Coming this November I will have been living car free for two years, and my wife is already well past the 1 year mark. The catch is, we live in a small town in Maine where the nearest mass transit is 60 miles away, and where the winters can be fairly brutal (see below).
Riding home in a Nor'easter
How do we do it? Well, we're not entirely car free for starters. About once every month we need to go more than 15 miles for one reason or another, and for those trips we do have a 250cc Kawasaki Ninja motorcycle (70MPG). Also, for the occasional winter trips to visit family, we use the Enterprise rental car service which will pick us up and drop us off (makes life a lot easier). For everything else, commuting to work, running errands, hauling groceries, visiting friends, etc. we use the bicycles.
Back home with groceries for the week.
For our commuting machines, my wife has a brand new Trek 6000 and I have my 2001 Diamondback Topanga Comp (still the best purchase I've ever made). For the winter, we use Nokian Mount & Ground studded tires which work wonderfully in both ice and snow, and we just occasionally spray the chain and derailleur with a fresh coat of WD-40 (the town puts so much salt on the roads that it's impossible not to have the drive train fried by spring). We've also found that we can ride in any weather comfortably (other than heat) by dressing appropriately in warm, layered, waterproof gear.
Standard Maine "blizzard biking" attire.
Yes, it REALLY snows here.
Although, recently we splurged and treated ourselves to two BionX kits (to help with plowing through the snow) and two Xtracycle kits (for hauling groceries). We've only had these kits for a couple weeks, but so far they've been an absolute treat, and I even took mine for a 116 mile ride on the Cadillac Challenge Century.
Finally at the summit of Cadillac Mountain after 105 miles of riding.
So, what's our motivation? I'm not really a tree hugging hippie, but I've always been obsessed with efficiency (both financially and otherwise) ever since I was in high school. The idea of burning expensive gas to heave a 3,000 pound hunk of metal down the road, let alone the resulting wear and tear on very expensive parts, just to take 160 pound me to my destination seemed fundamentally wrong to me, so I rode my bike whenever I could. When I moved out to Seattle, I bought a motorcycle, finding it much more logical to use a 350 pound machine to haul me (and much easier to drive). However, the west coast has quite the car culture, and when I got married I inherited my wife's car, although I never drove it.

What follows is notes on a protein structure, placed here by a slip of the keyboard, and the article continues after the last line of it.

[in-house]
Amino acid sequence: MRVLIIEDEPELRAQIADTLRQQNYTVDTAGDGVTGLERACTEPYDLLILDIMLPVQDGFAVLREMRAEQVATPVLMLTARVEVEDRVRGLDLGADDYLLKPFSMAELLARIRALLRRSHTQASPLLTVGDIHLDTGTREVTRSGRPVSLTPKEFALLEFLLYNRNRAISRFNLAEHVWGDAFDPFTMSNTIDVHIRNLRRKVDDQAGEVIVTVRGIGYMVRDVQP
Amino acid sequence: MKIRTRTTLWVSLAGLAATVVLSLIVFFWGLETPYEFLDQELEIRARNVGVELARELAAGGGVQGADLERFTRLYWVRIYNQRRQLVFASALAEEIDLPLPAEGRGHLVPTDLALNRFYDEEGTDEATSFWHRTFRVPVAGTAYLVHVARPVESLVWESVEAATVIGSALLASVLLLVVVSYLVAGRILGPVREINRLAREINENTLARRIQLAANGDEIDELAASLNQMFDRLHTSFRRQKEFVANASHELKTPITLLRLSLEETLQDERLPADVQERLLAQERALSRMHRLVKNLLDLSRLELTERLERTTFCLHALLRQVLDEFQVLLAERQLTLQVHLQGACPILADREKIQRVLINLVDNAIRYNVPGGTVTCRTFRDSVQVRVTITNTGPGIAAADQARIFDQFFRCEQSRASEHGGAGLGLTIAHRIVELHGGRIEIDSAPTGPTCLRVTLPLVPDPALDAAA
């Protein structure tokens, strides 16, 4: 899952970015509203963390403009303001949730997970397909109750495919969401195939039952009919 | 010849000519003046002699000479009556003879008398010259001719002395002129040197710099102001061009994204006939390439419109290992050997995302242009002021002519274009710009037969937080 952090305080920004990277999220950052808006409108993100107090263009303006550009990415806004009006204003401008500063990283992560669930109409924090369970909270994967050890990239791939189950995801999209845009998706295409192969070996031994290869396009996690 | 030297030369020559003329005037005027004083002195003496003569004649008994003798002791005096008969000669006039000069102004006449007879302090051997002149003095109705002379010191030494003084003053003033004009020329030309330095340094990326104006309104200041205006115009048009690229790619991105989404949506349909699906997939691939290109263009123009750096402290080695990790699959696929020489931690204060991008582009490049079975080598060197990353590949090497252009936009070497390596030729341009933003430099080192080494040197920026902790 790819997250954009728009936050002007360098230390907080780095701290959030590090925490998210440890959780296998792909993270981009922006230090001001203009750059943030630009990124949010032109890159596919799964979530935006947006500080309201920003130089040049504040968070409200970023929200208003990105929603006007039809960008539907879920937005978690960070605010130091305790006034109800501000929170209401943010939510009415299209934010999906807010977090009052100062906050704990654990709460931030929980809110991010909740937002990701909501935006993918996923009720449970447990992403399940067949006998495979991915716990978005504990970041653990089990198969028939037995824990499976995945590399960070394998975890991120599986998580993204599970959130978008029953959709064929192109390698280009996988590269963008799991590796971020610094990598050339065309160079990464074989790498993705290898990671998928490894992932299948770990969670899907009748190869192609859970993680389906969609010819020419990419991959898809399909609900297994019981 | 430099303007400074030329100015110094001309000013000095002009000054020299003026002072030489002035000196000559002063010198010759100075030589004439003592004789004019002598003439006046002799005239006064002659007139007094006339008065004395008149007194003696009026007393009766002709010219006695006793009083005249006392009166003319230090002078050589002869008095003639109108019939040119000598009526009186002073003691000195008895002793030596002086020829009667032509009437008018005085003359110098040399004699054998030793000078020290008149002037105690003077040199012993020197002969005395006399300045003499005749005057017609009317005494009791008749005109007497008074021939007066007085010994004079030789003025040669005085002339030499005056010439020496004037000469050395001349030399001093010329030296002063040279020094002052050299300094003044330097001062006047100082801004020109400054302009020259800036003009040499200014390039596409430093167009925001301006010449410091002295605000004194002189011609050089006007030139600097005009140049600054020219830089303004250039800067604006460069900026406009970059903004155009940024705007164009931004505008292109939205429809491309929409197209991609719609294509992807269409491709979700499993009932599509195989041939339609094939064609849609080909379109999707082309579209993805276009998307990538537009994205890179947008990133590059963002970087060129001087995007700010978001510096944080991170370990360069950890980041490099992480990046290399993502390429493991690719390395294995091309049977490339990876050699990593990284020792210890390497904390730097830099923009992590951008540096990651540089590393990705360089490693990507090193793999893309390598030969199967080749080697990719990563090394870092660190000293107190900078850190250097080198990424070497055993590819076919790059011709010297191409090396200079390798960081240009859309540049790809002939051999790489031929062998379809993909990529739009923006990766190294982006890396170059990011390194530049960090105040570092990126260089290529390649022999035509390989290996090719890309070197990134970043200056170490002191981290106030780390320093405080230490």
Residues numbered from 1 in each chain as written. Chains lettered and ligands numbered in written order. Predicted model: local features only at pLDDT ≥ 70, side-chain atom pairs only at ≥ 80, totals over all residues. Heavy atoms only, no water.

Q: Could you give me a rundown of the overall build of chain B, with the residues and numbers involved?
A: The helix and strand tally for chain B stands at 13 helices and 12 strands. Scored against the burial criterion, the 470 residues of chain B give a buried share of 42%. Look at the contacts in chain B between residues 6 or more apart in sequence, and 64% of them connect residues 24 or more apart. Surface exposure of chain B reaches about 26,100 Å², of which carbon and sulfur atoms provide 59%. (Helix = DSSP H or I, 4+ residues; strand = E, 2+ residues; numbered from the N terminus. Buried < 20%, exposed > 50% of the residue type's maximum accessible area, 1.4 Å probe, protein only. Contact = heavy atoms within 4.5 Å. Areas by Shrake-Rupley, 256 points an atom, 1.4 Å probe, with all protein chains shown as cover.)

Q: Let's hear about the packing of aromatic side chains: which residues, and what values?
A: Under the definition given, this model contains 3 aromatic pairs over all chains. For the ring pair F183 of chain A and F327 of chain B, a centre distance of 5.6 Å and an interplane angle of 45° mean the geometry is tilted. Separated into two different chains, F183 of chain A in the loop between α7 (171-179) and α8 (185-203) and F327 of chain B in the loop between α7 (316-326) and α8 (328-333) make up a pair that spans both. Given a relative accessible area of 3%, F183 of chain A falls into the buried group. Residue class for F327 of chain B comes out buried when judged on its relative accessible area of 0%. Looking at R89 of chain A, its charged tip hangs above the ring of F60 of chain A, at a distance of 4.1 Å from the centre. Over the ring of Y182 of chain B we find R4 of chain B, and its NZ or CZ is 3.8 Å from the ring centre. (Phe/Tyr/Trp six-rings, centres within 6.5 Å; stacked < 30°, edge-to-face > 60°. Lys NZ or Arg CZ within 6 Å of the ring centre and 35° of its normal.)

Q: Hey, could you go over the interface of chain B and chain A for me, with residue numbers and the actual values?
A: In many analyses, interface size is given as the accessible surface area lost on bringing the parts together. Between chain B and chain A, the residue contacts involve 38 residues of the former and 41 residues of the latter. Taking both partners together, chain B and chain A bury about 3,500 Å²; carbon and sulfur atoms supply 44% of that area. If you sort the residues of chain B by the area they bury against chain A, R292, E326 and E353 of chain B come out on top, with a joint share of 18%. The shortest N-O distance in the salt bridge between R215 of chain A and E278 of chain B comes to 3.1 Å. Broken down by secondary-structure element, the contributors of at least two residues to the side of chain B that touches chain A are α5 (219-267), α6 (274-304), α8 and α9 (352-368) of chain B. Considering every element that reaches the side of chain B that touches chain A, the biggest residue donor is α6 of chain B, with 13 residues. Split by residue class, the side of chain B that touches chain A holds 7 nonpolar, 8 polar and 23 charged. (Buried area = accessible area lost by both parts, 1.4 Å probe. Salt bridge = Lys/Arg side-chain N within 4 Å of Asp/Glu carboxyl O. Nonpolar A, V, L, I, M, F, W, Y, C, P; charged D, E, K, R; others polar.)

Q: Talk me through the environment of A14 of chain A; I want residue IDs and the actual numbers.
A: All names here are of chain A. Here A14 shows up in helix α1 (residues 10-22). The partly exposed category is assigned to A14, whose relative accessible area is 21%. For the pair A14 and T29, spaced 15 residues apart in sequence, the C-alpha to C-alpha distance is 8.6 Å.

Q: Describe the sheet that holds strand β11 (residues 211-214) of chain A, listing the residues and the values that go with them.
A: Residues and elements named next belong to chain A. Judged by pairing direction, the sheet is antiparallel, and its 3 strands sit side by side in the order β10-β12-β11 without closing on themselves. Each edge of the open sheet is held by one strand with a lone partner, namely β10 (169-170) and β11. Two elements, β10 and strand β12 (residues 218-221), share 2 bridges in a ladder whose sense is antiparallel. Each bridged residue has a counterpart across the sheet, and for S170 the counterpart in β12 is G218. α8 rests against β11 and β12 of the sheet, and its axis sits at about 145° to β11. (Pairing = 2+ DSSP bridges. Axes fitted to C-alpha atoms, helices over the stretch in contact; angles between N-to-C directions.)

Going on a hiking trip on my motorcycle in Washington. Who knew crotch rockets could take 20 miles of washed out roads
Skip ahead a couple of years, and through a freakish series of coincidences I found myself back in Maine, while my wife stayed back in Seattle. I figured I give a purely car free life another try, and really enjoyed the freedom of not having to worry about forking over $2000 for that new transmission, or the latest spike in gas prices. I was also able to easily beat all my coworkers to work in the winter, because while they were out shoveling their driveways, I just hauled my bike out to the road, and headed on my merry way. My wife then came over to join me in spring, and took on my car free life-style as a personal challenge because people were saying she wouldn't last a week . Well, now a year and a half later we're still car free, and with the extra money we've been able to save up for retirement as well as for a 20% down payment on what will be our first home. I had a hunch that living efficiently would save money, but I never dreamed it would be this much. Now, seeing how much money we've saved living efficiently, my wife is in total agreement with the benefits of living car free, and I'm certain that this will be one lifestyle change we will be sticking with for the long run.
Happy to be car free